Deep symbolism may be at the heart of Jesus' first recorded miracle: the turning of water into wine. Eric D. Huntsman wrote in the premiere issue of "Studies in the Bible and Antiquity" about "blood and water imagery" in the Gospel of John and how that imagery may explain why the first miracle of Jesus was a sign of his divine sonship.

The four gospels in the New Testament approach the life of Christ from different points of view with different audiences in mind. The Gospel of John is especially unique in the approach it takes. Huntsman, an associate professor of ancient scripture at BYU, traced the symbolism of blood and water in John's writings.

Blood is symbolic of mortality. It is what nourishes earthly bodies (see Genesis 9:4).

Water is symbolic of eternal life. It represents the spiritual.

The first birth is one of flesh and blood. The second birth is water and spirit (John 3:3-5).

"The correlation of blood with mortality on the one hand and water with spiritual — even divine or eternal — life on the other can be consistently applied throughout John," Huntsman wrote.

Members of The Church of Jesus Christ of Latter-day Saints are familiar with wine being a stand-in of sorts for blood. Even though John's Gospel doesn't mention the institution of the sacrament directly, the idea of wine representing blood is not an alien idea.

The account of the wedding at Cana (John 2:1-11) speaks of Jesus' miracle of turning water into fine wine as "this beginning of miracles." Huntsman wrote that the word translated as "miracles" could also be translated as "signs" or "miraculous signs."

"Rather than downplaying the reality and power of Jesus' miracles," Huntsman wrote, "this translation emphasizes what the (miraculous signs) symbolize or teach about Jesus … rather than focusing on the acts themselves."

Huntsman explained that many commentators, including Mormons, have looked at multiple interpretations of the changing of the water to wine. Some see a replacement of Jewish rituals with Christ's blood, others look at the implications of abundance in the 120 gallons of wine created, others think of the sacrament or of Jesus' power over the elements.

But looking at the symbolism of the event yields deeper meaning.

"This miracle's context suggests a connection with the relationship of Jesus, the bridegroom, and the church, the bride," Huntsman wrote (see John 3:29, Revelation 21:1-9, D&C 65:3 and D&C 133:10).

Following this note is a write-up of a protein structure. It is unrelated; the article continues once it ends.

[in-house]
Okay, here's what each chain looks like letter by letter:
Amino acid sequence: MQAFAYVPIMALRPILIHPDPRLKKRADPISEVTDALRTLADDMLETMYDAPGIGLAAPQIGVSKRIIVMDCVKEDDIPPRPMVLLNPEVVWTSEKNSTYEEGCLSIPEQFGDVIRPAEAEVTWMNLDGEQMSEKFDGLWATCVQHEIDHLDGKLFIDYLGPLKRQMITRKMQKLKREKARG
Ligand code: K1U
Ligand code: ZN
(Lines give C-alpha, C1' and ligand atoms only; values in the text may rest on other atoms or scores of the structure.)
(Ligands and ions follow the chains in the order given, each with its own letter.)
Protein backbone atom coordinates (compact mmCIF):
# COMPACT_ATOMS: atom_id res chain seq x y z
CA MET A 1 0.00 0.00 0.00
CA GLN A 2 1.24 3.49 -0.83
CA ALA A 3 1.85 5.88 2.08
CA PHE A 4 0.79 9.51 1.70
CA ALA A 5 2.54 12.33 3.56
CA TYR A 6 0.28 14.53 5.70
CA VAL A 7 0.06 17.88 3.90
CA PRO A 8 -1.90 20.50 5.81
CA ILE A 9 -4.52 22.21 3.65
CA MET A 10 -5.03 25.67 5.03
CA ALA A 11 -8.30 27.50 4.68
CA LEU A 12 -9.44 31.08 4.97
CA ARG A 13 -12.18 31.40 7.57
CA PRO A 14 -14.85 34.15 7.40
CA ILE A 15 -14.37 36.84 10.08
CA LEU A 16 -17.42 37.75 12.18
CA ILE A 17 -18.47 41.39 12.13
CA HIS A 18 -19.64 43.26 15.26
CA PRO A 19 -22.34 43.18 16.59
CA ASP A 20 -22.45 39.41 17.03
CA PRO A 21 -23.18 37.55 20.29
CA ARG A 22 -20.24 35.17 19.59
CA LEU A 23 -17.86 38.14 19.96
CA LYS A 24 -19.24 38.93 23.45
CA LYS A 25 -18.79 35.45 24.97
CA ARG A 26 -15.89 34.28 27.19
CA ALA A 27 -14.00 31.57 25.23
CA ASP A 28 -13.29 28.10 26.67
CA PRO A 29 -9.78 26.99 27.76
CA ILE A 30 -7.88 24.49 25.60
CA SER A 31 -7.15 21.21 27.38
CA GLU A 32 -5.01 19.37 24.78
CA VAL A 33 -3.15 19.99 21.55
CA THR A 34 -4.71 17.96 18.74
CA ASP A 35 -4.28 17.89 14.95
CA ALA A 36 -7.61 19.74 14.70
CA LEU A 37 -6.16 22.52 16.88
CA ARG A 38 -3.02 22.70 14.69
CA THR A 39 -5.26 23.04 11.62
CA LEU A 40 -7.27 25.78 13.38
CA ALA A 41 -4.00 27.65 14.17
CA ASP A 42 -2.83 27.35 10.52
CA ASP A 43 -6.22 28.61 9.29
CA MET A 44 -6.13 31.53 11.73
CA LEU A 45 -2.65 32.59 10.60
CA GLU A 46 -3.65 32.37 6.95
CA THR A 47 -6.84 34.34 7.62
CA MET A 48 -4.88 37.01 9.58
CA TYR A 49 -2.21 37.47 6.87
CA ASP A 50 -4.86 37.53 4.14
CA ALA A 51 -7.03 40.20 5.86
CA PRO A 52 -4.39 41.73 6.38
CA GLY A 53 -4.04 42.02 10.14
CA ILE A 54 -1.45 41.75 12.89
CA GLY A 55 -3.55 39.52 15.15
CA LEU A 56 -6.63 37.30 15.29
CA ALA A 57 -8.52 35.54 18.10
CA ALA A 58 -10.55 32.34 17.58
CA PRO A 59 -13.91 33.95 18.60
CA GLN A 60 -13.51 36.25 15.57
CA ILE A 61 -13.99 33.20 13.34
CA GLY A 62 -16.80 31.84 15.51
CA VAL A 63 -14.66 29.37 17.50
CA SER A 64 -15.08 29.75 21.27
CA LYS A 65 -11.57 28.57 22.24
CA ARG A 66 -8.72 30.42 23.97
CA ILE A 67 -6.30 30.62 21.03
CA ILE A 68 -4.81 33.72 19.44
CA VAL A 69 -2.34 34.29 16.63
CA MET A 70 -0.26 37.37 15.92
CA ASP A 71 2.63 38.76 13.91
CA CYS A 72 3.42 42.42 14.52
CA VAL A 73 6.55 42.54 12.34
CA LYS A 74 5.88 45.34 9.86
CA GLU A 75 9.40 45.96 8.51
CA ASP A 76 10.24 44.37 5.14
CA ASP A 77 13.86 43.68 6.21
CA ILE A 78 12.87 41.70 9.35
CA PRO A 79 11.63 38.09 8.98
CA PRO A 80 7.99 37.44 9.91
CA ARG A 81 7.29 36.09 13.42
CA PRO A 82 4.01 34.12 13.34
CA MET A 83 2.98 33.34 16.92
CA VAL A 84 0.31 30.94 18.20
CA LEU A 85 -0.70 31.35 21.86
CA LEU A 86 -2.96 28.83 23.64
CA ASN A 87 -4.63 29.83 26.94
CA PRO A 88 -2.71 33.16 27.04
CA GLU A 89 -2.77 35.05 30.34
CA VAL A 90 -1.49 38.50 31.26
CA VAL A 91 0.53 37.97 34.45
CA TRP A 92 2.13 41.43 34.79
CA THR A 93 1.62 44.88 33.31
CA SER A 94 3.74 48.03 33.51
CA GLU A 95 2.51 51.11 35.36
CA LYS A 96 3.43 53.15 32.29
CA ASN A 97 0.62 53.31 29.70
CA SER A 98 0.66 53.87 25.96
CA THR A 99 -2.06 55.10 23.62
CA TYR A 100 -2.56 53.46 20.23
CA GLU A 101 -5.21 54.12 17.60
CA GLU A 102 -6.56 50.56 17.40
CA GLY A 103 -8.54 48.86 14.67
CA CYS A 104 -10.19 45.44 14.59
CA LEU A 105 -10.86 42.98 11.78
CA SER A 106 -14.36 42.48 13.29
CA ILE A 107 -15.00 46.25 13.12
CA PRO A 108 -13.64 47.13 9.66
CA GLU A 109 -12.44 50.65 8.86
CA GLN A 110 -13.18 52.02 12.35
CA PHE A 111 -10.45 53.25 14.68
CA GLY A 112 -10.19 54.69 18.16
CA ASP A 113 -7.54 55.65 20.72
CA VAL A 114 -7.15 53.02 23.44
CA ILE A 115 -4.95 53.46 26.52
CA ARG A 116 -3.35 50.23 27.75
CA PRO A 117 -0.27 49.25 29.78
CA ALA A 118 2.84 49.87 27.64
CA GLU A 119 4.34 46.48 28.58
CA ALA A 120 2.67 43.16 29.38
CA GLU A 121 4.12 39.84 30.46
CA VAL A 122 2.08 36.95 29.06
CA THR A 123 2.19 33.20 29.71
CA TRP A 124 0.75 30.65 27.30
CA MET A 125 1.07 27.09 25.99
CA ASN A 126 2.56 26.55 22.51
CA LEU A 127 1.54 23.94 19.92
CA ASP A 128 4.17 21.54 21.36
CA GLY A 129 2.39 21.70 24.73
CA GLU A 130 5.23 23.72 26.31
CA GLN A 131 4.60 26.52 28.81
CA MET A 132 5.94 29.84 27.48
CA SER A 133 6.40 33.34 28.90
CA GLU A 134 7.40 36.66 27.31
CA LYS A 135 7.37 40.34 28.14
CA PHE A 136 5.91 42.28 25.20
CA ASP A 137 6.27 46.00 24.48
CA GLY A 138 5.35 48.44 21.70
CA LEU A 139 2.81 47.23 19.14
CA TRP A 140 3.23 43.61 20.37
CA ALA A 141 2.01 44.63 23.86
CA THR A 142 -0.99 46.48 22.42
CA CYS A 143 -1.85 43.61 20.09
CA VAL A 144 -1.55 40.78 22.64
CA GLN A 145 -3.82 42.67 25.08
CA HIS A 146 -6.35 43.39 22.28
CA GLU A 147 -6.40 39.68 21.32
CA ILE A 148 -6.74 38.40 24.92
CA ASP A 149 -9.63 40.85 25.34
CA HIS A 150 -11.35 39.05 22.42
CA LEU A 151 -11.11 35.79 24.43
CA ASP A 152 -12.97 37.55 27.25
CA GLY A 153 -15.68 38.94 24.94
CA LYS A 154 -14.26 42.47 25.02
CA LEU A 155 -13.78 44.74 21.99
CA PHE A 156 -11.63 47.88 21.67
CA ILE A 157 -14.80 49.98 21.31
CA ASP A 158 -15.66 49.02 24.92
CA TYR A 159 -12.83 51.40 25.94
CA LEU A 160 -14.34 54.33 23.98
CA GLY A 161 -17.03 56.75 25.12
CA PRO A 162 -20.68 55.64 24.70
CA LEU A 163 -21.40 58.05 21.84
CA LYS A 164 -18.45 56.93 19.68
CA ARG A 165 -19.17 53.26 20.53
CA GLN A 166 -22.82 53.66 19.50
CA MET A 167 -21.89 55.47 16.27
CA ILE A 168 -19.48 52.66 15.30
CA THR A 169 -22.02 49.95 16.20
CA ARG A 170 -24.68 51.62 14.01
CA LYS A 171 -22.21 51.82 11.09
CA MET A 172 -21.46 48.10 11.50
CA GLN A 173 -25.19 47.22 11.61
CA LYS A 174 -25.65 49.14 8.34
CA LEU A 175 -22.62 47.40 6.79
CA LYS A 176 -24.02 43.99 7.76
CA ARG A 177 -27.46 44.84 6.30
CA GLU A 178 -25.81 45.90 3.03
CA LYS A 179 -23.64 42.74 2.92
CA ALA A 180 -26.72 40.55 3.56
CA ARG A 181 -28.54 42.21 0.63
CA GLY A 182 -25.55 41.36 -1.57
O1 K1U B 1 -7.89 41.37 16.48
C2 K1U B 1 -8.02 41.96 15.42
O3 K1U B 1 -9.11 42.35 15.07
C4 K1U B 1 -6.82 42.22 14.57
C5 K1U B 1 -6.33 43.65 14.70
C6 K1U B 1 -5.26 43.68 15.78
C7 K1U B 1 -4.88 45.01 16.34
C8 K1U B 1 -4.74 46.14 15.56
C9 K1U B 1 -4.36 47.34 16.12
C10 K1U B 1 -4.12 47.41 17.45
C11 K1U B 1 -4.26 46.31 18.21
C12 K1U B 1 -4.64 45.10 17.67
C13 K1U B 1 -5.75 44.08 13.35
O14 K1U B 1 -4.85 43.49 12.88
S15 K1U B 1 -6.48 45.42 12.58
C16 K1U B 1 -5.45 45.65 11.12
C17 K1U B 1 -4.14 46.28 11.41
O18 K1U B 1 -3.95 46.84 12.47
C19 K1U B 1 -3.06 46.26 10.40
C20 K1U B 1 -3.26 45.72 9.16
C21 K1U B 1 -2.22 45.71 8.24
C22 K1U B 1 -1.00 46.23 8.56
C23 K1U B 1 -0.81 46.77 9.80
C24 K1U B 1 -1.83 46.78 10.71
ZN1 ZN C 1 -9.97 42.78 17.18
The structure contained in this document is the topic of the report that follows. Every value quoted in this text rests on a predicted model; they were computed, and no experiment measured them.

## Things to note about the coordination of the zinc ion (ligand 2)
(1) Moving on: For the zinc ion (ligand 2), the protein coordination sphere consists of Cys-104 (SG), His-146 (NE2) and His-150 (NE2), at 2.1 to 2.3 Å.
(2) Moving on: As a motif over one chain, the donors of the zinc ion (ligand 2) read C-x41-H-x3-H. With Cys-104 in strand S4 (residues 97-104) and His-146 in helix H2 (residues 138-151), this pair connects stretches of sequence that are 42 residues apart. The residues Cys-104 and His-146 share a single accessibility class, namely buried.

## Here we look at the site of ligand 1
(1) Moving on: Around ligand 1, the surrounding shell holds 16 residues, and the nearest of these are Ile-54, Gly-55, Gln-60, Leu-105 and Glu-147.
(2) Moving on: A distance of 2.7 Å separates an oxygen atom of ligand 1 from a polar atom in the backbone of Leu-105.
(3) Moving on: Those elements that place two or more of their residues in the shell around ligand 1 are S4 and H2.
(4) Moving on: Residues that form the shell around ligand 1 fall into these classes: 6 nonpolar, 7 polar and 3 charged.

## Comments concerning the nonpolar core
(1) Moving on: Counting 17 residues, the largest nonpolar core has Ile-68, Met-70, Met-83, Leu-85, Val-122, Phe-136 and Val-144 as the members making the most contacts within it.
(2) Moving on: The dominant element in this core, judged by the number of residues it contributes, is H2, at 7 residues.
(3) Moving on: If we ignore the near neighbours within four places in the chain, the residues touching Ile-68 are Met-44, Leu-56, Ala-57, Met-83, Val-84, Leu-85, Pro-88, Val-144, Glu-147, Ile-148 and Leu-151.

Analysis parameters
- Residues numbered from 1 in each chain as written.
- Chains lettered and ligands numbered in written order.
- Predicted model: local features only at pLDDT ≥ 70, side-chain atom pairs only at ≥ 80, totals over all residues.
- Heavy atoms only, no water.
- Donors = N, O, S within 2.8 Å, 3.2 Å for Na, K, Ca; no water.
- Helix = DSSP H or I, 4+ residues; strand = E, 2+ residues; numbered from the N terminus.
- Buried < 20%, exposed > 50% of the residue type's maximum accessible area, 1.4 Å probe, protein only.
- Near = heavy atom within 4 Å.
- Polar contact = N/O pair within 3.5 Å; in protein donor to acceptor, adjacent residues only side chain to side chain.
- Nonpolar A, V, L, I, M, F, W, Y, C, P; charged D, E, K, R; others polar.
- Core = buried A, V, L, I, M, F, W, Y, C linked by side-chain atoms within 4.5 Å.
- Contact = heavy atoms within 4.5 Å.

Mary's role in this miracle is particularly significant, Huntsman wrote, particularly since she is mentioned only in two places in the Gospel of John — here at Cana and later at the cross. Unlike the Matthew and Luke, she is not mentioned in any nativity narrative — or is she?

John does not name Mary in his Gospel, but calls her "the mother of Jesus." Jesus simply calls her "woman."

"While efforts have been made to explain Jesus' reference to her as 'woman' as a sign of respect or deference, there is little precedent for this in either Greek or the presumed original Aramaic words of Jesus," Huntsman wrote.

Instead, Huntsman suggested that the avoidance of her specific individual name "may well have a generalizing effect, connecting Mary with Eve."

The emphasis, Huntsman wrote, seems to be on the "actual relationship of Mary and Jesus."

"Mary's role in the conception of Jesus was specifically to bring him into a mortal or earthly state," Huntsman wrote. "As Eve was the agent whereby mankind was brought into mortality, Mary was the means by which the premortal, spiritual and divine Word became the earthly Jesus."

The water turned into wine/blood. The eternal entering mortality. Jehovah turned into Jesus.

The description of the miracle at Cana may be John's symbolic way to tell about the nativity, Huntsman wrote.

If it is, then this first miracle or sign of Jesus' ministry points directly to the first miracle and sign of Christ's condescension: "The Word was made flesh, and dwelt among us" (John 1:14).

This article is based on Eric D. Huntsman's article "'And the Word Was Made Flesh': A Latter-day Saint Exegesis of the Blood and Water Imagery in the Gospel of John" in "Studies in the Bible and Antiquity," Vol. 1, 2009 published by the Neal A. Maxwell Institute for Religious Scholarship at BYU.